Racism kills our heritage
THERE'S plenty of
New Racism -- and some of the old -- in the bid by Dja
Dja Wurrung activists to seize two Aboriginal bark
etchings on loan from British museums.
So-called elders of the Bendigo-based "tribe" say they are the true owners of the etchings, which were collected by Loddon River landowner John Hunter Kerr in the 1850s.
"We believe strongly that (the artefacts) connect us to our country, our culture and ancestry," said spokesman Gary Murray.
This is not just a try-on.
Murray has won an emergency declaration order under
Aboriginal heritage laws to stop the return of the etchings to their legal
owners -- the British Museum and the Royal Botanic Gardens, which sent them here for an exhibition at the Melbourne Museum.
Some thanks they've got. The British thought
we'd be borrowing their stuff, but now find we're keeping it.
But welcome to the New Racism, which insists that we are always members of a tribe, and that what was done to some never-known ancestor was done to us.
This New Racism also declares that what was once owned by that never-known ancestor -- even if given away -- was owned by us, too. Even the knowledge of that never-known ancestor remains our property.
Forget the humanist idea that we are all individuals, free to make our own identities as equal members of the human race. In this New Racism, we're driven back into tribes.
And so Gary Murray and the Dja Dja Wurrung say these etchings are theirs, simply because ancestors 150 years ago made them.
There's a touch of old-style racism in their claim, of course. How does Murray know his ancestors didn't freely give these etchings to old Kerr when he came collecting? Or does he assume Aborigines back then were all too greedy or dumb to give or sell such things?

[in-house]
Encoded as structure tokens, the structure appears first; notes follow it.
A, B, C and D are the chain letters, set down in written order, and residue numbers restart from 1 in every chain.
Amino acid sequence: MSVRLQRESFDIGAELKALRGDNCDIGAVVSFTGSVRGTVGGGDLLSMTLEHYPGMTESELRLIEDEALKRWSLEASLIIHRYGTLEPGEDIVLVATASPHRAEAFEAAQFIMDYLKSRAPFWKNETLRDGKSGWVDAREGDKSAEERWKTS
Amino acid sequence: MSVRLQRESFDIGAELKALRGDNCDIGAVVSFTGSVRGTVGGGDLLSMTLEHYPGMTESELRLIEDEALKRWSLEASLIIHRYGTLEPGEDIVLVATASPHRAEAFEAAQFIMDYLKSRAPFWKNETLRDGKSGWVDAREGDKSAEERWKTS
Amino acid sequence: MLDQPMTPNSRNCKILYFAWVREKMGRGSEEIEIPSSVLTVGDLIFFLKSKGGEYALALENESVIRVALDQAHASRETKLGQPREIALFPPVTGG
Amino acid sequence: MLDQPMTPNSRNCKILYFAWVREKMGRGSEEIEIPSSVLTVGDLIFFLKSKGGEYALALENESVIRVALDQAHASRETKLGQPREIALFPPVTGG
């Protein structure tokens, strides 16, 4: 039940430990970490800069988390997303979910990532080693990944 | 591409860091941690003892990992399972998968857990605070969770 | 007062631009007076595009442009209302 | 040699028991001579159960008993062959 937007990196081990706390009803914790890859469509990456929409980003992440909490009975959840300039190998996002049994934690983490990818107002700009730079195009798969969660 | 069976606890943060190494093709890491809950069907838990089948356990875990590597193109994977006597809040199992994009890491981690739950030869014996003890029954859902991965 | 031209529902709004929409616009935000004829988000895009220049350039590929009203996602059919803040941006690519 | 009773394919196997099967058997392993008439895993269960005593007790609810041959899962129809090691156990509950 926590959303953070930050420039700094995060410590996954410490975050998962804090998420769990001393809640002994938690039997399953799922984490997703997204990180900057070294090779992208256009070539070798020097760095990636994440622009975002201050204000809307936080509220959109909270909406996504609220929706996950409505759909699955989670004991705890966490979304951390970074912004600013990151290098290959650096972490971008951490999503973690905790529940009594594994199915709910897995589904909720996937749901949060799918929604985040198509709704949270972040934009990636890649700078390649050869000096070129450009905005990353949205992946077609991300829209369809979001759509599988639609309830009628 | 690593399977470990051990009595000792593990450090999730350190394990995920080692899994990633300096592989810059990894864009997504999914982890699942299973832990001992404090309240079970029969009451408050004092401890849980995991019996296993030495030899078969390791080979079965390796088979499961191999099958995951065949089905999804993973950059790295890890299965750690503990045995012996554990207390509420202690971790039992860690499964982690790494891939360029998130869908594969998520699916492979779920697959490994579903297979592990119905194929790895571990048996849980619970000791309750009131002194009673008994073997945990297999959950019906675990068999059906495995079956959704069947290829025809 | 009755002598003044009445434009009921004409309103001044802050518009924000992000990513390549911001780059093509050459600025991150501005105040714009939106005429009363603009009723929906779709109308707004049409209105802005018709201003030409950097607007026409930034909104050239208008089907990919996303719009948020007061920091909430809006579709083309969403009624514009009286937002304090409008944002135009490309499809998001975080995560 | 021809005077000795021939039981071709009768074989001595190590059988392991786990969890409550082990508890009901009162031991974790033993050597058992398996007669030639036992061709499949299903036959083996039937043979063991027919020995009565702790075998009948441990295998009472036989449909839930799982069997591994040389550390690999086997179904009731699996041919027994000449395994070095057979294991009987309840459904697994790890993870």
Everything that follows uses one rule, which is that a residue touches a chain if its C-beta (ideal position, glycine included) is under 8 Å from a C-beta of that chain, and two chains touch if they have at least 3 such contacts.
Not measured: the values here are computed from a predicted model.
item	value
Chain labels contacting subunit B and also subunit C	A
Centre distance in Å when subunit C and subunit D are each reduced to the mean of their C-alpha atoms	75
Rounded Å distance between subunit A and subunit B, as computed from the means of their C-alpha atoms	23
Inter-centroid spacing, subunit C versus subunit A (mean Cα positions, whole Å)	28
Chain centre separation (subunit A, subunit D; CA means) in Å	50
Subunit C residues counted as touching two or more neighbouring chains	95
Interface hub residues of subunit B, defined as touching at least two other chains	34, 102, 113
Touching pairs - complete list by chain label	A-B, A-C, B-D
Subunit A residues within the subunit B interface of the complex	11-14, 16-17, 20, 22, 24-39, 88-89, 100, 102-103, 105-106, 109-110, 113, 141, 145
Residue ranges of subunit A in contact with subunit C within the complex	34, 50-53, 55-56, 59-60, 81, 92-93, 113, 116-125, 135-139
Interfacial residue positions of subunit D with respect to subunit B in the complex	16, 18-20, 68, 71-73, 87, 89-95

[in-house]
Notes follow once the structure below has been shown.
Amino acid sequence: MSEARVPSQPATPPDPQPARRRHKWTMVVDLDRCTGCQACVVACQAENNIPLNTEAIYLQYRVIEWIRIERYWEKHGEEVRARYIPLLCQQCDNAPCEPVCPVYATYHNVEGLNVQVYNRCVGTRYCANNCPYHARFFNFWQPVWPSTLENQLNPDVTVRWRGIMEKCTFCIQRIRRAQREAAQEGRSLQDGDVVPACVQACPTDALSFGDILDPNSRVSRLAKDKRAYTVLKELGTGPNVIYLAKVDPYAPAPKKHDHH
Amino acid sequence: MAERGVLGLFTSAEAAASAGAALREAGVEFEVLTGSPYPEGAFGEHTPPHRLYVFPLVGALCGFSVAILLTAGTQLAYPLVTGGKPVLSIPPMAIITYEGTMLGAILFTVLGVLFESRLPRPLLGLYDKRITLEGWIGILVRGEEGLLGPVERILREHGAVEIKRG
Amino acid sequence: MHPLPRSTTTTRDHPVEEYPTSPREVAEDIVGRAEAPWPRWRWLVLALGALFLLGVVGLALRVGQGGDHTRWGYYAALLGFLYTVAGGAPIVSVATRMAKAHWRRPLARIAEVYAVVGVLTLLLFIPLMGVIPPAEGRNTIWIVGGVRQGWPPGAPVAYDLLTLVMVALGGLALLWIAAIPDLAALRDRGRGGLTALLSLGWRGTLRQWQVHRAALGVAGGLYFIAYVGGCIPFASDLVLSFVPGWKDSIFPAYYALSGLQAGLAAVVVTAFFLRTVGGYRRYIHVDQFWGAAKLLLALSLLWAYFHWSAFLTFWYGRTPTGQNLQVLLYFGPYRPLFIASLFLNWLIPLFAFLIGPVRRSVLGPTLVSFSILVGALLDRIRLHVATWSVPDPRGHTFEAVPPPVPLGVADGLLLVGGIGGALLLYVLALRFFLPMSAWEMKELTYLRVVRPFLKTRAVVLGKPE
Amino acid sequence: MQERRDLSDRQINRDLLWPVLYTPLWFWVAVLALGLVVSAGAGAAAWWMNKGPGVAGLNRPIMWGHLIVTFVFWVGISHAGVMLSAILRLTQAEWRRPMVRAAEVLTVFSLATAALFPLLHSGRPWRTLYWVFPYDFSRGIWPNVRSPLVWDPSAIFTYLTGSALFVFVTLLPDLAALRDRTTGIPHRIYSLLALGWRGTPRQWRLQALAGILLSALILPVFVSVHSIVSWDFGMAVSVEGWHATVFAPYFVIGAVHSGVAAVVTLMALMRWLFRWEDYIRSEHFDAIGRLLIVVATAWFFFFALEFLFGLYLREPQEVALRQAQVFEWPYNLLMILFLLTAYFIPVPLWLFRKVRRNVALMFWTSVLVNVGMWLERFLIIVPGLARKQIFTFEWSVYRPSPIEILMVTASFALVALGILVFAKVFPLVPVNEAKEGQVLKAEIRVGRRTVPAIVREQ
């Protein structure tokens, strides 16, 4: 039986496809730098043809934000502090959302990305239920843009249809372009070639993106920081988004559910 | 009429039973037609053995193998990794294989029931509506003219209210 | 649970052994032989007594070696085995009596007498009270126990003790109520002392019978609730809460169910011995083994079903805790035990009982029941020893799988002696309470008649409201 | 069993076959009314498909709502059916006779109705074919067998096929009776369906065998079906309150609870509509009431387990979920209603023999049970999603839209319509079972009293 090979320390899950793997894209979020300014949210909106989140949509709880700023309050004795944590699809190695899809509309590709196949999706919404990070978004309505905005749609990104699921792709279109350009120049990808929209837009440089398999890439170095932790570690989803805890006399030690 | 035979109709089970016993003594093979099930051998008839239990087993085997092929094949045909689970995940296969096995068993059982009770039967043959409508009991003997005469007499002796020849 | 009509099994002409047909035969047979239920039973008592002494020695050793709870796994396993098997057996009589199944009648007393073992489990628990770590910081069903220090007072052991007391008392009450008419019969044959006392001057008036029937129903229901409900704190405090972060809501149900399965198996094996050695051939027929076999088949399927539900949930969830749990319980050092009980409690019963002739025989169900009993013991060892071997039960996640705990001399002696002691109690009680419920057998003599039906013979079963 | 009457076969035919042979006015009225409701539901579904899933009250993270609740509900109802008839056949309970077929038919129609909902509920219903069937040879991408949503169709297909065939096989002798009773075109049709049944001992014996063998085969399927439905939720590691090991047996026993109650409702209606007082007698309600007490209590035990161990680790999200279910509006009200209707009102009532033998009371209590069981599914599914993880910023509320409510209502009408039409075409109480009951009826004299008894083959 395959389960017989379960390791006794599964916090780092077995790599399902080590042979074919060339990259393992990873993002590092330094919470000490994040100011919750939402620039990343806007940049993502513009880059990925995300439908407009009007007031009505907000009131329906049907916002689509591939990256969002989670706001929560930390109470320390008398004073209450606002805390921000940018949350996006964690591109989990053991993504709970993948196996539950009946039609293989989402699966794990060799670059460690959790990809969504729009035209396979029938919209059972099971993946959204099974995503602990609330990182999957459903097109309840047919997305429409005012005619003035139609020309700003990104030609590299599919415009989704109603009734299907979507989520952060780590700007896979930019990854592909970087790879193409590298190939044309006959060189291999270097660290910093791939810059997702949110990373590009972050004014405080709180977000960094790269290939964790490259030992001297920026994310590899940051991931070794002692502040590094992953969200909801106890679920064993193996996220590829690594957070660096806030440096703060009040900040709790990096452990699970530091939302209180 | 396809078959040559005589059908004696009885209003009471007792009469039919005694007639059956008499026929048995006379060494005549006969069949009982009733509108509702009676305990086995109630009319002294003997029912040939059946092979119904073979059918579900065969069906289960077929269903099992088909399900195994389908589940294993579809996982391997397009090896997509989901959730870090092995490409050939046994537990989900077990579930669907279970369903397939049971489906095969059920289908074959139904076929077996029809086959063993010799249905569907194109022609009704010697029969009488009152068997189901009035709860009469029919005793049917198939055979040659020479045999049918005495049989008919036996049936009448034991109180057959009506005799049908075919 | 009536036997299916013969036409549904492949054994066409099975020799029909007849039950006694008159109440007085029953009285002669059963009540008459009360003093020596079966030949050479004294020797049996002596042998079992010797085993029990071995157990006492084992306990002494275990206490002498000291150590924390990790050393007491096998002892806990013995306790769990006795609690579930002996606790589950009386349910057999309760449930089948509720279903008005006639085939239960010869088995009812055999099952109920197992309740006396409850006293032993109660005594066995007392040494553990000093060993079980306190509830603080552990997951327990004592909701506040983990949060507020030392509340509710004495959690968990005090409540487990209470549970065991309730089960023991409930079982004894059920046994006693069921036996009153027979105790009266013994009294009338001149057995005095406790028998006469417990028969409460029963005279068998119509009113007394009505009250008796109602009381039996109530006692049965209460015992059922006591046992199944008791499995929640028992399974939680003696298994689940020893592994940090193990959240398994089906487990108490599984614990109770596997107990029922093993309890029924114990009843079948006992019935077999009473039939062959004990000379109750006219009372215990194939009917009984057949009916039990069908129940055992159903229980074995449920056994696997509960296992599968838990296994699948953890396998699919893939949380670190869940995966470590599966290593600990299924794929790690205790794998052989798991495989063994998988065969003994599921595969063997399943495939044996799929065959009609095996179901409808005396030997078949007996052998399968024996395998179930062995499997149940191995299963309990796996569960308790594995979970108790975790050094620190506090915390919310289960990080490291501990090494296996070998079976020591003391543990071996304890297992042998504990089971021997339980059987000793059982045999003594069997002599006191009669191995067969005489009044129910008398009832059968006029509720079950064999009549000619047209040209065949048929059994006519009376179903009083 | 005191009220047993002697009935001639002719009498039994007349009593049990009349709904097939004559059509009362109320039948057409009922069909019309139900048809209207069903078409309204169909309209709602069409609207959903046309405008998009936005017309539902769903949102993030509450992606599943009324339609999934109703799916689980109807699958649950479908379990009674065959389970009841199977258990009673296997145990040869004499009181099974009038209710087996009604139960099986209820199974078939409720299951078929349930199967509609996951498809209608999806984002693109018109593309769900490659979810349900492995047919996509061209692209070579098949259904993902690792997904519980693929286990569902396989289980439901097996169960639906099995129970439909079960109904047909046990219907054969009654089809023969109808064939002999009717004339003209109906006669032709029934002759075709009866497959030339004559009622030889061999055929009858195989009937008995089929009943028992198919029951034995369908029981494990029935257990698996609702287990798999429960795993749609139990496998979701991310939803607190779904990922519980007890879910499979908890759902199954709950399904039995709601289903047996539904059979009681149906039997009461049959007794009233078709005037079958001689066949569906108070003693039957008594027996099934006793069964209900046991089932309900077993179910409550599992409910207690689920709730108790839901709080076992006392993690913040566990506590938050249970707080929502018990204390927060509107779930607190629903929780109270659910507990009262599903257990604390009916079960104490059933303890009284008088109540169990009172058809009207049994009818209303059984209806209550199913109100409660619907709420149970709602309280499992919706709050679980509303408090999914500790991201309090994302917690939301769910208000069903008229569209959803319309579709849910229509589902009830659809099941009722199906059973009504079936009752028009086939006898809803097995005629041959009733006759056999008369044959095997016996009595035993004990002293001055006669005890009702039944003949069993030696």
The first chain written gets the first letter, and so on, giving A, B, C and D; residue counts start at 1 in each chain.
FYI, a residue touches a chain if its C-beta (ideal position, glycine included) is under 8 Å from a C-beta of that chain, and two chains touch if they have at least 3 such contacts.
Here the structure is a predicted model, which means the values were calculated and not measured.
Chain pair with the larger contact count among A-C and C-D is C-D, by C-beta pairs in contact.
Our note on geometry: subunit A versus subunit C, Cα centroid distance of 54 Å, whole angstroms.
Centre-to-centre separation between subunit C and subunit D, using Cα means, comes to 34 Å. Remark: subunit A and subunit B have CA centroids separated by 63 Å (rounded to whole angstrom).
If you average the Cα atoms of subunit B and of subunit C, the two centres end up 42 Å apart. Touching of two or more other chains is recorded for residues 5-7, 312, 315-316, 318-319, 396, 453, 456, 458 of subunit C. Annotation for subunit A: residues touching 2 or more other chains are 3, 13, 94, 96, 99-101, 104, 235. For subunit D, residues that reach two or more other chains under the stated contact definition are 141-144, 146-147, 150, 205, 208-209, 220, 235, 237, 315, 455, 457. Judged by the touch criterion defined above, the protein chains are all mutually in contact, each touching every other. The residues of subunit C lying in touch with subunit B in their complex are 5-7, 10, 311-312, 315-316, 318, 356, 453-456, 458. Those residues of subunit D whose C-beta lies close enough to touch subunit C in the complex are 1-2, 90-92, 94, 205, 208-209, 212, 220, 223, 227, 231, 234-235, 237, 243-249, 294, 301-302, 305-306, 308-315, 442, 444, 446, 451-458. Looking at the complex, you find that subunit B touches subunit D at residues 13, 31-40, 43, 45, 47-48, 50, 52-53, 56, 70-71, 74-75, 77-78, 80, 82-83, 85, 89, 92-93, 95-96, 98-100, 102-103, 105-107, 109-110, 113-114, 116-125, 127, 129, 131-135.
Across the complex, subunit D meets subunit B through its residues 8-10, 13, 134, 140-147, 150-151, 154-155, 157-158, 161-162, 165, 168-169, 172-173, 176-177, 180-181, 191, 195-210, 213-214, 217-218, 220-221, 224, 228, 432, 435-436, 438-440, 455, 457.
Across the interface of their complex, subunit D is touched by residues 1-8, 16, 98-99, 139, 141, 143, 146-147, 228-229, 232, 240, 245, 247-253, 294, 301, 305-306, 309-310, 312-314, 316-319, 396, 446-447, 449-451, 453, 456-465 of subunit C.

And if they did give Kerr the etchings, by what right does now -- 150 years on -- grab them back?
It's a good thing his ancestors -- if indeed that's what they are -- did hand over the etchings. They are the only two left in existence, and if Kerr hadn't collected them, and send them off for safekeeping, there would be none left for anyone to fight over.
That's one of the great gifts of museums; they have been keeping artefacts that may otherwise have been lost to us.
They have also brought knowledge of the cultures that made them to people who would otherwise have known nothing of tribes such as the Dja Dja Wurrung.
But the Dja Dja Wurrung's bid for ownership attacks the very concept of our museums by declaring that artefacts are in the end always owned by the tribes that made them, never the museums that bought, found or saved them.
What a primitive and undeserving ownership that is.
Murray and his fellow "elders" did not make these etchings, did not collect them, and did not preserve them. Their only claim to them is that some tribesman they never met and could not name may have made them before giving them away.
If that's what ownership is today, then nothing in our museums or art galleries can stay. Our Dutch paintings must go back to the Dutch who painted them, and the skeleton of Phar Lap back to New Zealand
NATURALLY, all Aboriginal artefacts in the Melbourne Museum must be given back to the tribes that produced them -- just as the priceless Kow Swamp Aboriginal skeletons, at least 9000 and possibly 20,000 years old, have already been returned to the dead's presumed descendants in Echuca, to be destroyed by them and lost to science forever.
How this New Racism cuts us off from each other, and from the knowledge which is part of our common human history.
What a tragedy for civilisation that it grows so strong, particularly among the educated, and is even backed now by our laws.